Simo Sarkki, Kirsi Latola, Mikko Jokinen & Adam Stepien

This paper introduces concept of socio-natural capital, which is here seen as a property of social systems including institutions, human groups and individual people to use natural capital in a sustainable way. The objectives of this article are to map gaps regarding socio-natural capital via examining case of reindeer herding and its relations to other land uses in northern Fennoscandia, mainly in Finland, and to explore ways how socio-natural capital can be promoted in order to enhance sustainable land use in the northern sparsely populated Fennoscandia. These issues are examined based on previous research and especially on reindeer herders’ perspectives, as well as on an online questionnaire (n=13) and a workshop (n=11) with stakeholders on land use in Fennoscandia. Gaps in socio-natural capital include lack of trust between different land users, discrepancy between governance ideals and real world practices, divergent perceptions on sustainable land use, and use of resources for external benefits. Following proposals can help to close these gaps: 1) to enhance public participation, 2) to stronger institutionalize indigenous land rights, 3) to enhance multi-directional knowledge exchange, and 4) to include social impact assessment more strongly into planning processes. Further studies and conceptualisations of socio-natural capital are needed to find ways how people could interact to build capital to solve land use contradictions for sustainability.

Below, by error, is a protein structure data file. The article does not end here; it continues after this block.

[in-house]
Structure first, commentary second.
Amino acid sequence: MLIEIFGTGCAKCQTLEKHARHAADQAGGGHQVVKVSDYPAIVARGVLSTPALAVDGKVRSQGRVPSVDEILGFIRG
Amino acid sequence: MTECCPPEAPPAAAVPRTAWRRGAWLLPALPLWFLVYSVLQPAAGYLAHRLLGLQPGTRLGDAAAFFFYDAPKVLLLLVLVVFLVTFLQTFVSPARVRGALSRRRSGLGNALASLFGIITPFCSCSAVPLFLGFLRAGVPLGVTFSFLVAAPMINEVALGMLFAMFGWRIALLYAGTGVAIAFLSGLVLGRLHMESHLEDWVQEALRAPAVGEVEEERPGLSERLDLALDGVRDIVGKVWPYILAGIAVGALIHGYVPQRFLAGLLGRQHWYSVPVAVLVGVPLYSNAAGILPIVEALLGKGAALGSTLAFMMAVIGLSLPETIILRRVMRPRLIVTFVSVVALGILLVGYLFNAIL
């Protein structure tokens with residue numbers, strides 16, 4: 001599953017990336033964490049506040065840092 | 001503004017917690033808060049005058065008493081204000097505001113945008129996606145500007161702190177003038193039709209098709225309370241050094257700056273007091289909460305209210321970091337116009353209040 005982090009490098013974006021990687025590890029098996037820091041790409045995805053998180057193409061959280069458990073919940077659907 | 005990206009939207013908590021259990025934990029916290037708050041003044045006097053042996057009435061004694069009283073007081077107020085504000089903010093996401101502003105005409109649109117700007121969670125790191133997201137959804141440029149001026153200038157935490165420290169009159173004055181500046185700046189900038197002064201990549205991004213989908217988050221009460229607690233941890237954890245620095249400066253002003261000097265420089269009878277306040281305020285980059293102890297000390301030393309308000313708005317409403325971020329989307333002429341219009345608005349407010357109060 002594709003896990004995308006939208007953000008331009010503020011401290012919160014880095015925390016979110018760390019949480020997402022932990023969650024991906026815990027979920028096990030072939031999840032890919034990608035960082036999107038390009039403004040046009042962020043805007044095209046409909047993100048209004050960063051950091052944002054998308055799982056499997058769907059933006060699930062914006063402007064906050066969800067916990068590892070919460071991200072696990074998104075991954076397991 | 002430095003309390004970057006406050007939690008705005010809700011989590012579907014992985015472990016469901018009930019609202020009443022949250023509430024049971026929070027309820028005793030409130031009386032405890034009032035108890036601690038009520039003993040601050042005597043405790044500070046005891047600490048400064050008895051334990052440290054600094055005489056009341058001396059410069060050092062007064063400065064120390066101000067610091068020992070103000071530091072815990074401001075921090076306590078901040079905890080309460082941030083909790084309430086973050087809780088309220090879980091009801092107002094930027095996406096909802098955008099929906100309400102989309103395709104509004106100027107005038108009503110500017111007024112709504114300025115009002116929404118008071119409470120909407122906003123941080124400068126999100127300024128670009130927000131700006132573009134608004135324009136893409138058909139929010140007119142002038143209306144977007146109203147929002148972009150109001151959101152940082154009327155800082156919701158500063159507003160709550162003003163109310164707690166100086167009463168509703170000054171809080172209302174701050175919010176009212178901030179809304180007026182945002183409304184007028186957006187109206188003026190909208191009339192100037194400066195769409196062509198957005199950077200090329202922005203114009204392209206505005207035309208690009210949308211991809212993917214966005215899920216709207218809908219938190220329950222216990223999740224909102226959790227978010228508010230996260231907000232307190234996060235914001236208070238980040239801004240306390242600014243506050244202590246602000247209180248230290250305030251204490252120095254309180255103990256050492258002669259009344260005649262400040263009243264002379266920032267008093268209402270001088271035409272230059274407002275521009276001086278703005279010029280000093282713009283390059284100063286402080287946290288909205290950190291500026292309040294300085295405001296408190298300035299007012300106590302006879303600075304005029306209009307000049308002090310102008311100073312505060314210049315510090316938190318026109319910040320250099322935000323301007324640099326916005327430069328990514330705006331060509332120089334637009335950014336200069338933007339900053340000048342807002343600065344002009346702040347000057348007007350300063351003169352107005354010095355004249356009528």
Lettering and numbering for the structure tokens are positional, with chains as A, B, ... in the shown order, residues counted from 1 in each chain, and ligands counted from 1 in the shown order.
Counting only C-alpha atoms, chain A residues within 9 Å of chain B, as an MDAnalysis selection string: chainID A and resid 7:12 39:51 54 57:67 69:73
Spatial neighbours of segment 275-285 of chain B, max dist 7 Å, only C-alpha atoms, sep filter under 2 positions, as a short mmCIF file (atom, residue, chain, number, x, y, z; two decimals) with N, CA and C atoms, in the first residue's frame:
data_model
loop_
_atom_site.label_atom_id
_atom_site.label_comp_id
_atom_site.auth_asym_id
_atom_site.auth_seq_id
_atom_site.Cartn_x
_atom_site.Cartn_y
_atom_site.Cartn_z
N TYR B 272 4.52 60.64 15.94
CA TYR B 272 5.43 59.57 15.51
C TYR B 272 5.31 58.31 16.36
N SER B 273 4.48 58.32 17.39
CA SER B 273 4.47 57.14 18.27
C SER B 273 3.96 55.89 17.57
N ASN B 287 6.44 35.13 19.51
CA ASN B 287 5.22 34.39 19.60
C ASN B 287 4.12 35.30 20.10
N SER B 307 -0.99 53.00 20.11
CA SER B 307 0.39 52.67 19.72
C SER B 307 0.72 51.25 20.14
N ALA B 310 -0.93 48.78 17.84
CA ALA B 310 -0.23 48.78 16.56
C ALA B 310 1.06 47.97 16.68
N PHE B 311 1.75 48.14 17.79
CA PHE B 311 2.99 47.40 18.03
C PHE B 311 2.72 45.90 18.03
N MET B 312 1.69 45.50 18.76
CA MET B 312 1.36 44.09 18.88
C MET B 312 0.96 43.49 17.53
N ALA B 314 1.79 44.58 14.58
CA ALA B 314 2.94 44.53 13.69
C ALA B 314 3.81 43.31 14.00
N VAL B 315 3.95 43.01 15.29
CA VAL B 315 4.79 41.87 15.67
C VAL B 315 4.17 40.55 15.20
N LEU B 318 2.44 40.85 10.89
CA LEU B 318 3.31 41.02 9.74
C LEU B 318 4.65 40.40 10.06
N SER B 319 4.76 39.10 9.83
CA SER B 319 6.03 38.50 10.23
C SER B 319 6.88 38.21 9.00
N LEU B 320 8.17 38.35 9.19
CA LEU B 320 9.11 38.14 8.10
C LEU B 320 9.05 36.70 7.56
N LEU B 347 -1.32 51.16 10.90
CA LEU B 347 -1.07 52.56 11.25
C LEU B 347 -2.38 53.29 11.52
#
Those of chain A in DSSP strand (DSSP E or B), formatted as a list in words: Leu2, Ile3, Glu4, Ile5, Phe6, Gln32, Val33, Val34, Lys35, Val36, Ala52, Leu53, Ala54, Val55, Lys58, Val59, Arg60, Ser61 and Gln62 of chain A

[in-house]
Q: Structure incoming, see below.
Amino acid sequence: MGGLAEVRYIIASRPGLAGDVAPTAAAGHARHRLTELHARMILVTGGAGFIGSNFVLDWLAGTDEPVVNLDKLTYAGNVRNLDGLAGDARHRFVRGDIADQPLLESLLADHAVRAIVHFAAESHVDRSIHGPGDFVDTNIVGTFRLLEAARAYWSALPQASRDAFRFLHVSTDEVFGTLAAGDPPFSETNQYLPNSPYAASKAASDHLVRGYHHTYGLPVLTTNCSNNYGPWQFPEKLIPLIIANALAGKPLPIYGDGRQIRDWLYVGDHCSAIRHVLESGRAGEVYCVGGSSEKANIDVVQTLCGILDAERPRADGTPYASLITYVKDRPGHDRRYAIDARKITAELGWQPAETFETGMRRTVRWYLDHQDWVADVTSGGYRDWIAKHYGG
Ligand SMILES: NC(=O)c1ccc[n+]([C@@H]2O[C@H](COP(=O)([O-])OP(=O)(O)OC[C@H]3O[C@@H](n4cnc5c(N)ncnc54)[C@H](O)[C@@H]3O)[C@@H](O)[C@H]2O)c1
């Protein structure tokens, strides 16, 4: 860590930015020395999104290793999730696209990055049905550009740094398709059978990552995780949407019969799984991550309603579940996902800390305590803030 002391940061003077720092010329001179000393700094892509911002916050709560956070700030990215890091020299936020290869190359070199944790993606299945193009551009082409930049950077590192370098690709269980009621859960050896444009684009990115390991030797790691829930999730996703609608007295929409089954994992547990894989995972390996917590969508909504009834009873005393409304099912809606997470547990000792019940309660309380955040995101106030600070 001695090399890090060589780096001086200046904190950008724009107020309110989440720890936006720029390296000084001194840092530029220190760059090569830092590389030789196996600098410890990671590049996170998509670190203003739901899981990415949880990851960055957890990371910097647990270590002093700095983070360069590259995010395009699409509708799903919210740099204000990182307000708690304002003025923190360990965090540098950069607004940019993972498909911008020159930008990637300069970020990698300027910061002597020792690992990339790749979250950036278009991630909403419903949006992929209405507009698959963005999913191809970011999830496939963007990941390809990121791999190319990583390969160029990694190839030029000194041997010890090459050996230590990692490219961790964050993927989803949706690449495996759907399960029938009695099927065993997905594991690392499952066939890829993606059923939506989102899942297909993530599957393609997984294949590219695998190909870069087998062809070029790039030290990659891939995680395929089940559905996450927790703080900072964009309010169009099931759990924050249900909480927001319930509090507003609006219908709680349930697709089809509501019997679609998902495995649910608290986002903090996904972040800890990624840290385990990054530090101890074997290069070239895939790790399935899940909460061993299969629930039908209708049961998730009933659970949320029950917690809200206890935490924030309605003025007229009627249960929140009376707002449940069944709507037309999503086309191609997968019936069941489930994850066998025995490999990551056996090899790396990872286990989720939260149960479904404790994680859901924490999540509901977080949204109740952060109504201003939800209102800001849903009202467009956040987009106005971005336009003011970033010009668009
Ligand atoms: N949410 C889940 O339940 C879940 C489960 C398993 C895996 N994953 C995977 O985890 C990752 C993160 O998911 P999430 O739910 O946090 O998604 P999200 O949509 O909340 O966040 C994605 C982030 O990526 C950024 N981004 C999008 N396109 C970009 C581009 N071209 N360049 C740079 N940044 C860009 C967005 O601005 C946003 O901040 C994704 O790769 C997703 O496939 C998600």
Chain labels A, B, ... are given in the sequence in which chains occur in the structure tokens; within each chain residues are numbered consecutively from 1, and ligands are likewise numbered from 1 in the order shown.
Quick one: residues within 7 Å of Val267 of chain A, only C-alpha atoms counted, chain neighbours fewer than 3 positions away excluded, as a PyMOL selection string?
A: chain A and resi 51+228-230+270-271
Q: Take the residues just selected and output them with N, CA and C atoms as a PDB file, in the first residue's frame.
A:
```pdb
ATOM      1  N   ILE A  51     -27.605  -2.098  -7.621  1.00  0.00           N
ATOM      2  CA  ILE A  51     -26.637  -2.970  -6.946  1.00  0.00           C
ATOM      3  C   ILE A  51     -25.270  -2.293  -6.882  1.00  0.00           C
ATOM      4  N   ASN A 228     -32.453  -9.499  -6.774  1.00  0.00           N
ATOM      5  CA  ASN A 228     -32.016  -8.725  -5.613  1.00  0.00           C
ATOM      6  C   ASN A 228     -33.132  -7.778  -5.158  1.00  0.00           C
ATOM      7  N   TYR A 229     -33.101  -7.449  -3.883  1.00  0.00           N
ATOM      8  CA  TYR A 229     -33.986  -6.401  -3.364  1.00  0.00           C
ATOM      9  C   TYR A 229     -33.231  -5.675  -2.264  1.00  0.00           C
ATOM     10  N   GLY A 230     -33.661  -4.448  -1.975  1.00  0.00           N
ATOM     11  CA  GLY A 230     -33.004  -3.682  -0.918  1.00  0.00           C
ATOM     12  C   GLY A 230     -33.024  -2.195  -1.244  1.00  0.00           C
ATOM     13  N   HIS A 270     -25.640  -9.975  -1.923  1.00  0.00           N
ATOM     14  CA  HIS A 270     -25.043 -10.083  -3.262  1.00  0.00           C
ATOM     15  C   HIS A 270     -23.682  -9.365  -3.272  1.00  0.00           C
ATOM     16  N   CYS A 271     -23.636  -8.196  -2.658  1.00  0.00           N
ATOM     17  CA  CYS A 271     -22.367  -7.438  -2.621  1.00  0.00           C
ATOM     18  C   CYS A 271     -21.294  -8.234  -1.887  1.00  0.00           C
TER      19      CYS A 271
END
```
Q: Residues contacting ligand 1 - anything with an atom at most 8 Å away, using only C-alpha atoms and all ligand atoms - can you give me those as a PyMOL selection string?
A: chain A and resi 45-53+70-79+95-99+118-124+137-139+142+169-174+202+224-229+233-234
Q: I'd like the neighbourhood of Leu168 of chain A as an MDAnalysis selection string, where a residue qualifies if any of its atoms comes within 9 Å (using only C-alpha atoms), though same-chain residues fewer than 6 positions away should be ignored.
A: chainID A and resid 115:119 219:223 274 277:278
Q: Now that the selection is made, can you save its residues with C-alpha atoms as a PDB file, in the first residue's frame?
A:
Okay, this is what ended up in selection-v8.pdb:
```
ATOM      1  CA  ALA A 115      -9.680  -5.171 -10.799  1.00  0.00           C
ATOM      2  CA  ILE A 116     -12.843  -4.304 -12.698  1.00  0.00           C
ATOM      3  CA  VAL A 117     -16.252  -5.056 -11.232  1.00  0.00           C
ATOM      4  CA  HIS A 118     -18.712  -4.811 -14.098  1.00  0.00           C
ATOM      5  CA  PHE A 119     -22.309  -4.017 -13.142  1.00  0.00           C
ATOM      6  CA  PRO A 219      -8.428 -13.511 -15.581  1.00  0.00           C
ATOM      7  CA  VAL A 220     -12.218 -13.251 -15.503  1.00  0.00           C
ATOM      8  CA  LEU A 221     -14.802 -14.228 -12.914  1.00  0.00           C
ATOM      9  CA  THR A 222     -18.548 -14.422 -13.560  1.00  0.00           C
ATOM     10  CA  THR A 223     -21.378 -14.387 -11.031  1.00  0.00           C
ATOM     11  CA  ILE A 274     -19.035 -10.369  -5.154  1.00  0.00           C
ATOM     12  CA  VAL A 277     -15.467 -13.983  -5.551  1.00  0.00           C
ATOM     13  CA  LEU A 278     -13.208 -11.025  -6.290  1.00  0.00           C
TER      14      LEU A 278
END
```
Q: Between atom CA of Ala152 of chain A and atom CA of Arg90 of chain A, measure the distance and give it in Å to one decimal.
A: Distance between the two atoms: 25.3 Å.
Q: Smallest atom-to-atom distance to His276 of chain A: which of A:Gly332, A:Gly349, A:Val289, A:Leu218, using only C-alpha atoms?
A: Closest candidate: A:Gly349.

Full Article

Designed & hosted by Arctic Portal